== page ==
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February 1970

The Perirenal P Sign: A New Roentgenogram Index to the Cause and Treatment of Urinary Ascites in Babies

Author Affiliations

Little Rock, Ark
From the Department of Radiology, University of Arkansas Medical Center, Little Rock. Ark.

Am J Dis Child. 1970;119(2):179-181. doi:10.1001/archpedi.1970.02100050181021

If one sees opaque contrast material around the kidney of an infant with ascites, usually a urinary tract blockade is present. "Ascites" develops because urine fills the abdomen after escaping through tears in the hydronephrotic collecting systems.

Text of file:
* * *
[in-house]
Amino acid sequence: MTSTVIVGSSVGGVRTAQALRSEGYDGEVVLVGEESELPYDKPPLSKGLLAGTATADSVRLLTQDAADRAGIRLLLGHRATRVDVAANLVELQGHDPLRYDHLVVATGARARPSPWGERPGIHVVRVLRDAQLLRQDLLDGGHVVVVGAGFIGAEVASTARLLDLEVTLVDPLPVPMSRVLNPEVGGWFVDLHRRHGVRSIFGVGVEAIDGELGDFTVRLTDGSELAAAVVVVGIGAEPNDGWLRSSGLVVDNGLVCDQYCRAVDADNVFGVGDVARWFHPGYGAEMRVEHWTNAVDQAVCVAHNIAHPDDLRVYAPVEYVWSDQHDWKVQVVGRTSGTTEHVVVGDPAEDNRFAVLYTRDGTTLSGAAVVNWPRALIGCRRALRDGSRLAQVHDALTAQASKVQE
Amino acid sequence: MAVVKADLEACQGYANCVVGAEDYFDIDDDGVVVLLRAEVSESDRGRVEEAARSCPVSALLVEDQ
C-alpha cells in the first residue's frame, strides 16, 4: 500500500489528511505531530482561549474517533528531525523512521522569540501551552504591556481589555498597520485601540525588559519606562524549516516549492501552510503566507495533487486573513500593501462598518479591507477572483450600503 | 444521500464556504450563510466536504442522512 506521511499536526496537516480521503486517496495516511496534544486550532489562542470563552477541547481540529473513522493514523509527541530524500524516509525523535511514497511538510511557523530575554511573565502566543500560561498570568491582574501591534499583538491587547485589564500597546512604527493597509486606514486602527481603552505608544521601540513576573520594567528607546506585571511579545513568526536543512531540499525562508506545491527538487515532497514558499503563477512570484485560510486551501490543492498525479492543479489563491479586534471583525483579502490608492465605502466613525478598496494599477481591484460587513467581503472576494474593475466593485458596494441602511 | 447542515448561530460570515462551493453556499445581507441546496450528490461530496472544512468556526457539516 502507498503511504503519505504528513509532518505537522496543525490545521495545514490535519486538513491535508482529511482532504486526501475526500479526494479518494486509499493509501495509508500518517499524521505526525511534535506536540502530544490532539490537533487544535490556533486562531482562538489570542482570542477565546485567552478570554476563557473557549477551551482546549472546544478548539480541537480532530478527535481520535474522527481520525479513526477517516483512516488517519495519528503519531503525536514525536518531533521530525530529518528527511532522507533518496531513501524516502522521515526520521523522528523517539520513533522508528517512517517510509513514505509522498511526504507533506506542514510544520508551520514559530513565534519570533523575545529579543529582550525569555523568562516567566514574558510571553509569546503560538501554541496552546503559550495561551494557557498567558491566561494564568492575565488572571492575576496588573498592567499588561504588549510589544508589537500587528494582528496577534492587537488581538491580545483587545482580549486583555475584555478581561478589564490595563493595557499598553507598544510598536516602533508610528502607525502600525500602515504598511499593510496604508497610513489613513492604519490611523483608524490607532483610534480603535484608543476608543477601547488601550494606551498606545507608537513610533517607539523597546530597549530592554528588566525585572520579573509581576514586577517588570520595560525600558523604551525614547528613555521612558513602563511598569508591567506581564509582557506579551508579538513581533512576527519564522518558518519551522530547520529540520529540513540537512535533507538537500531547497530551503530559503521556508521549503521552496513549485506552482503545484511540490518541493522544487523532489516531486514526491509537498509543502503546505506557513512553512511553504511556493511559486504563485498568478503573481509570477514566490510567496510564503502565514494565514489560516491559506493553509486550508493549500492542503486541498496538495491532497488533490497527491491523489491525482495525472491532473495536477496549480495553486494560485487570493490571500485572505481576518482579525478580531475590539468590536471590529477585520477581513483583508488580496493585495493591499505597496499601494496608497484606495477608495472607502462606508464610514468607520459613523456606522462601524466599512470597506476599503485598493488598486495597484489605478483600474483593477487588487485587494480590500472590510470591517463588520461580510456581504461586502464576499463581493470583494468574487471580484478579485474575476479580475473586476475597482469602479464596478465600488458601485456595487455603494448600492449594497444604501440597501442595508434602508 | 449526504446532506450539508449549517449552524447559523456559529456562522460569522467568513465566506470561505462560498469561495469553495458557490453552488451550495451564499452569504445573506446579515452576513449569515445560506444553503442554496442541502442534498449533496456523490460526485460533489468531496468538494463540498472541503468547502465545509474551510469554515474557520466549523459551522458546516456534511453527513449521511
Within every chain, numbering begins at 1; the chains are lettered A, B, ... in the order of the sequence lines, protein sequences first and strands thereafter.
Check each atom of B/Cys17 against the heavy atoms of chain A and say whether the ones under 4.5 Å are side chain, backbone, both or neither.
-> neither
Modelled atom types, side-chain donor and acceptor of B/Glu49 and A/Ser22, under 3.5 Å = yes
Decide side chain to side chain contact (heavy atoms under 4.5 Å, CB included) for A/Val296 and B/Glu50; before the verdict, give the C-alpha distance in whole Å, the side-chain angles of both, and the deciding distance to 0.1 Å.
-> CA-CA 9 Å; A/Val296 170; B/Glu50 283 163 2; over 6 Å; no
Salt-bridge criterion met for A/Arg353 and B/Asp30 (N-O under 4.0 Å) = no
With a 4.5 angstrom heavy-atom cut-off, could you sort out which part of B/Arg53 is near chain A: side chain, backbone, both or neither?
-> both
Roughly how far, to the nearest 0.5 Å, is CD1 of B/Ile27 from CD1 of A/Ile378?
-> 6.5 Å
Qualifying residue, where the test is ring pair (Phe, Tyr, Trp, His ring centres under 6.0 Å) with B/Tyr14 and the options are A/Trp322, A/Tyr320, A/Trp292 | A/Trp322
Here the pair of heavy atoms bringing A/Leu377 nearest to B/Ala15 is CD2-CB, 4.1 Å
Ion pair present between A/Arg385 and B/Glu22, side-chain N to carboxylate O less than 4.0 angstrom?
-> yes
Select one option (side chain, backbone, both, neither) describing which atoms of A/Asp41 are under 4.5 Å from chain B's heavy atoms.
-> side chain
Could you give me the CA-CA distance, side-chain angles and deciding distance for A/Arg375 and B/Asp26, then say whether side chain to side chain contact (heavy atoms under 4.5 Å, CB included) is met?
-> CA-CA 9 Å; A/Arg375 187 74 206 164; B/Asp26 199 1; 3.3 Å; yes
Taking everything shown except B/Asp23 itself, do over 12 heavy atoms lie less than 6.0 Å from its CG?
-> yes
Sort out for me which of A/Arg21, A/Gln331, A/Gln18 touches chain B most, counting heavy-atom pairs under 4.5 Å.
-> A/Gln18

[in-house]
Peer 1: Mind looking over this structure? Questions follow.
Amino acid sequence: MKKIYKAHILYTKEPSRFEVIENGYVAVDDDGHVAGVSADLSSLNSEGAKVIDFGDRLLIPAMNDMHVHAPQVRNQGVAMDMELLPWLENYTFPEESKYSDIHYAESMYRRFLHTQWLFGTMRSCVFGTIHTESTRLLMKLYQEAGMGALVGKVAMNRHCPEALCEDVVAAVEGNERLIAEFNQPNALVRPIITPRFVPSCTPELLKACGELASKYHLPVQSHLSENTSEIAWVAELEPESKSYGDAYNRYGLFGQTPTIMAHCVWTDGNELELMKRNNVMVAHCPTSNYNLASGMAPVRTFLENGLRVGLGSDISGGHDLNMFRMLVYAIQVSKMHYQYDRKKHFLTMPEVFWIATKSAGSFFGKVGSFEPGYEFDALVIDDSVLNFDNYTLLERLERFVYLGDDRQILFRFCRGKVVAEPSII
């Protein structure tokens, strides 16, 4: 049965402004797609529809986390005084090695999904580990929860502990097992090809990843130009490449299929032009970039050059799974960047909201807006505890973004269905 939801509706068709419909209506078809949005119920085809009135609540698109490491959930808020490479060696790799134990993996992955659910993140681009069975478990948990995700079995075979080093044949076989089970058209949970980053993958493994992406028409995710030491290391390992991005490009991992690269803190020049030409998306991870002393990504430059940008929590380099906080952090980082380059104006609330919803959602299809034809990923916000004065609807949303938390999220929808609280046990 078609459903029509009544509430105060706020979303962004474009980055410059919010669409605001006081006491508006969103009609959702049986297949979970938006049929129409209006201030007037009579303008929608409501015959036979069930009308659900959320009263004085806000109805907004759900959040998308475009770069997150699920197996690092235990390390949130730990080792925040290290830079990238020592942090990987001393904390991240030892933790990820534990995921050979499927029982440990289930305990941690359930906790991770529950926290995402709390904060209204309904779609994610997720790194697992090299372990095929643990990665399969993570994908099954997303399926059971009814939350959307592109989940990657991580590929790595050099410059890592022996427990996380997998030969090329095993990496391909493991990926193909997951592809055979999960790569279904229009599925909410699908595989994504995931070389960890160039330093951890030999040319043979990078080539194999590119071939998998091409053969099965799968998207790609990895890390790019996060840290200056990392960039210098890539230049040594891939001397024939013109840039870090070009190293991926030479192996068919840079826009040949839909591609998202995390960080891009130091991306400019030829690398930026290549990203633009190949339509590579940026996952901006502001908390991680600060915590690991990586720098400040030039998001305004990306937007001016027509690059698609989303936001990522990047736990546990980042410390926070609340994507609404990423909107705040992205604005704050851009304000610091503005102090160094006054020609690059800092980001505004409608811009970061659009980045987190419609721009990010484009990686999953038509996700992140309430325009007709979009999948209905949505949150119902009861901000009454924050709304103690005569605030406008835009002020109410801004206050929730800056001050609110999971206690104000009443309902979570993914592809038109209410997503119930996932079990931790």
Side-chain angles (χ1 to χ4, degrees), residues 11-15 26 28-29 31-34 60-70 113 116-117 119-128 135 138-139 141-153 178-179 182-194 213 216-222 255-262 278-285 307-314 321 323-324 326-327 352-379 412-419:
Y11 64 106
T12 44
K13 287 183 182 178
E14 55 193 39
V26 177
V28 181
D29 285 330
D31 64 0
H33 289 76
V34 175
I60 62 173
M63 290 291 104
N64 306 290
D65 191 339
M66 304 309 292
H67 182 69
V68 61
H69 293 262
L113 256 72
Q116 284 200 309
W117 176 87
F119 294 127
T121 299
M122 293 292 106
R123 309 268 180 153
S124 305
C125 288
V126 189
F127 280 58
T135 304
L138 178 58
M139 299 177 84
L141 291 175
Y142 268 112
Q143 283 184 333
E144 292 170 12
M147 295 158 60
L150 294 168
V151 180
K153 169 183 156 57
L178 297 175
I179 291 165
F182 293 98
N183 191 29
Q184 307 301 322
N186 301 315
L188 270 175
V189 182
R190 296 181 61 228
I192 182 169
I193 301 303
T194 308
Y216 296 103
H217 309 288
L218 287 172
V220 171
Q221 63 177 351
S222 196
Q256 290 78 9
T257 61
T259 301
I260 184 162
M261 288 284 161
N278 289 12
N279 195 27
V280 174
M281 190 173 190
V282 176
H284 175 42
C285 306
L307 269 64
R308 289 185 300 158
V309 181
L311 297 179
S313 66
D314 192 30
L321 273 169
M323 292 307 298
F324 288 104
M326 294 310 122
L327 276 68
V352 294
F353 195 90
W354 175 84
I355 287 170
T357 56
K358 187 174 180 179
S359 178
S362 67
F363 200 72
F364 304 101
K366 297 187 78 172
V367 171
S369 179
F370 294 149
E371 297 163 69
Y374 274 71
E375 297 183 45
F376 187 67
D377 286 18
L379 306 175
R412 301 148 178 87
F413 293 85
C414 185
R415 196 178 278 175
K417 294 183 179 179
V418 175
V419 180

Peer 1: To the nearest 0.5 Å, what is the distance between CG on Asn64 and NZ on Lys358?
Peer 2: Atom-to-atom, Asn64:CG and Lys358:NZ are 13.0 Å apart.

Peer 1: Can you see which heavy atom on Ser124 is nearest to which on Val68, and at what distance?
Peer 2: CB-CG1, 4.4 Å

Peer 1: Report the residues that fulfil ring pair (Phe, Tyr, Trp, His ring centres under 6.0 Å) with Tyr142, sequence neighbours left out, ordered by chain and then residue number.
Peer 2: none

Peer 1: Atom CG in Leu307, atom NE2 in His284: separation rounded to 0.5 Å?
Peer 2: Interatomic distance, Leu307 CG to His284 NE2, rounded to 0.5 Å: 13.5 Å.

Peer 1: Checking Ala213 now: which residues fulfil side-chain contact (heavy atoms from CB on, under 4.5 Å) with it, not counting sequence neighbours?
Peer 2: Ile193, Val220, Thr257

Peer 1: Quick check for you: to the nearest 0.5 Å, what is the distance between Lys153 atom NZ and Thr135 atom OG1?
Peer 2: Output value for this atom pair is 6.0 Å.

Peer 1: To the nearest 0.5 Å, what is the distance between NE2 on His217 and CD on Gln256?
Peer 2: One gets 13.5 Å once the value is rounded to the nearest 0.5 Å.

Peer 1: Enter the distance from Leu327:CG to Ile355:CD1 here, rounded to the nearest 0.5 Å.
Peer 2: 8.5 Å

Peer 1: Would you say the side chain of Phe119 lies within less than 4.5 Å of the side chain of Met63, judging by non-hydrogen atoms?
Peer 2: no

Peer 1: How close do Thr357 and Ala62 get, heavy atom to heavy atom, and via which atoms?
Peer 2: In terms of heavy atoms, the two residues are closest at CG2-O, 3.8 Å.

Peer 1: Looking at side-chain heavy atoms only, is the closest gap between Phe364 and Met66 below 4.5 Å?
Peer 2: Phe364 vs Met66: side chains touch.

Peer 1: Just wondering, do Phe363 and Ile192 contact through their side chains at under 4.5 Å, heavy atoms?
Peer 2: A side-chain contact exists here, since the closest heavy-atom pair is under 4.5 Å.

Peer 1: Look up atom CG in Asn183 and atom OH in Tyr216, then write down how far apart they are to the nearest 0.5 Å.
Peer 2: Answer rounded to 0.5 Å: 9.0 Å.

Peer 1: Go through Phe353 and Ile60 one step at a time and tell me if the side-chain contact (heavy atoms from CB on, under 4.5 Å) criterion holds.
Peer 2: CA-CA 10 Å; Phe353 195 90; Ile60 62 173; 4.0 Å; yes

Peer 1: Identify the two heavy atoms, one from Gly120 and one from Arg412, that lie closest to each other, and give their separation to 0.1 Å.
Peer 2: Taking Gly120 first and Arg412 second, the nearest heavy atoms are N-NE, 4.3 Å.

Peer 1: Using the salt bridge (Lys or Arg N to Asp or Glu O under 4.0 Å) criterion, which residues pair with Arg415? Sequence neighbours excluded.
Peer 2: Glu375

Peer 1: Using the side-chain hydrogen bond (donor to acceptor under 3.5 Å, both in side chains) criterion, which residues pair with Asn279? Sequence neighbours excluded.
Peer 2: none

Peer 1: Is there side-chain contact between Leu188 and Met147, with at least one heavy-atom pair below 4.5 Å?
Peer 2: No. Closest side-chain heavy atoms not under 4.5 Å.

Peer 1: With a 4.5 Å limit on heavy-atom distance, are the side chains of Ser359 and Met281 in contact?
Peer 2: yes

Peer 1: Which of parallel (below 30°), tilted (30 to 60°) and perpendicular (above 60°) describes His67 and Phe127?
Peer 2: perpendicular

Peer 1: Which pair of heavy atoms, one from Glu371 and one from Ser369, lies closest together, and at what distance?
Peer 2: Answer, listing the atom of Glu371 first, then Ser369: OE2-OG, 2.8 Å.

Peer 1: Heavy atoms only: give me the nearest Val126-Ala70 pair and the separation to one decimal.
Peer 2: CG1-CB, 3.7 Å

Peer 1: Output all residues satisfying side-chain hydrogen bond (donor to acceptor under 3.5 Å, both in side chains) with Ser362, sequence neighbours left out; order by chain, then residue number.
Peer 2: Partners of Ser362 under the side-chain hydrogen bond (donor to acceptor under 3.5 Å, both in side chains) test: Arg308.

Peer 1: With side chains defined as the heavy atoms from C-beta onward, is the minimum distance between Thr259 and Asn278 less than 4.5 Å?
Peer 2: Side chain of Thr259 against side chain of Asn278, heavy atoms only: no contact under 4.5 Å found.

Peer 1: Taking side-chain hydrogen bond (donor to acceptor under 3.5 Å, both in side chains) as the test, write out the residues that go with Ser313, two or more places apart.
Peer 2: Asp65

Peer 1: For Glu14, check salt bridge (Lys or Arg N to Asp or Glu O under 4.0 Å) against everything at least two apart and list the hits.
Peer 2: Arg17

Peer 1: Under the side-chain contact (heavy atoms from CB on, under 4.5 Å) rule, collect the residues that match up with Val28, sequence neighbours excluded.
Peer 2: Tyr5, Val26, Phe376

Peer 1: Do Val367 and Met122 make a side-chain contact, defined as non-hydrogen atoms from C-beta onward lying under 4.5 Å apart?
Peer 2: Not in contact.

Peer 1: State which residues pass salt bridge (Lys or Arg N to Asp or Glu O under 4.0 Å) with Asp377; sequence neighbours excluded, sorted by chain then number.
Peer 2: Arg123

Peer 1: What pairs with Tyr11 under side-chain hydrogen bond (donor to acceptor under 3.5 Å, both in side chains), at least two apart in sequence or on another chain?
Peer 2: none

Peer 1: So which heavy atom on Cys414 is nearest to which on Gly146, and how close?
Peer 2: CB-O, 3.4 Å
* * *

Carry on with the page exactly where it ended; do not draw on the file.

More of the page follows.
On roentgenograms, the extravasating urine, made visible with intravenously administered or retrograde contrast material, takes the shape of the letter P (Fig 1, left). The rounded, upper part of the letter is roughly formed by urine trapped around the kidney and lying beneath Gerota's fascia (Fig 2). A translucency in the center of the urine pool is produced by the kidney itself and the dilated ureter adds a tortuous leg to the P.

This paper describes a new case of urinary ascites that showed the P sign and considers eight more like it that were found in the literature.1-4 From this review, it appears that the correct therapy for neonatal ascites caused

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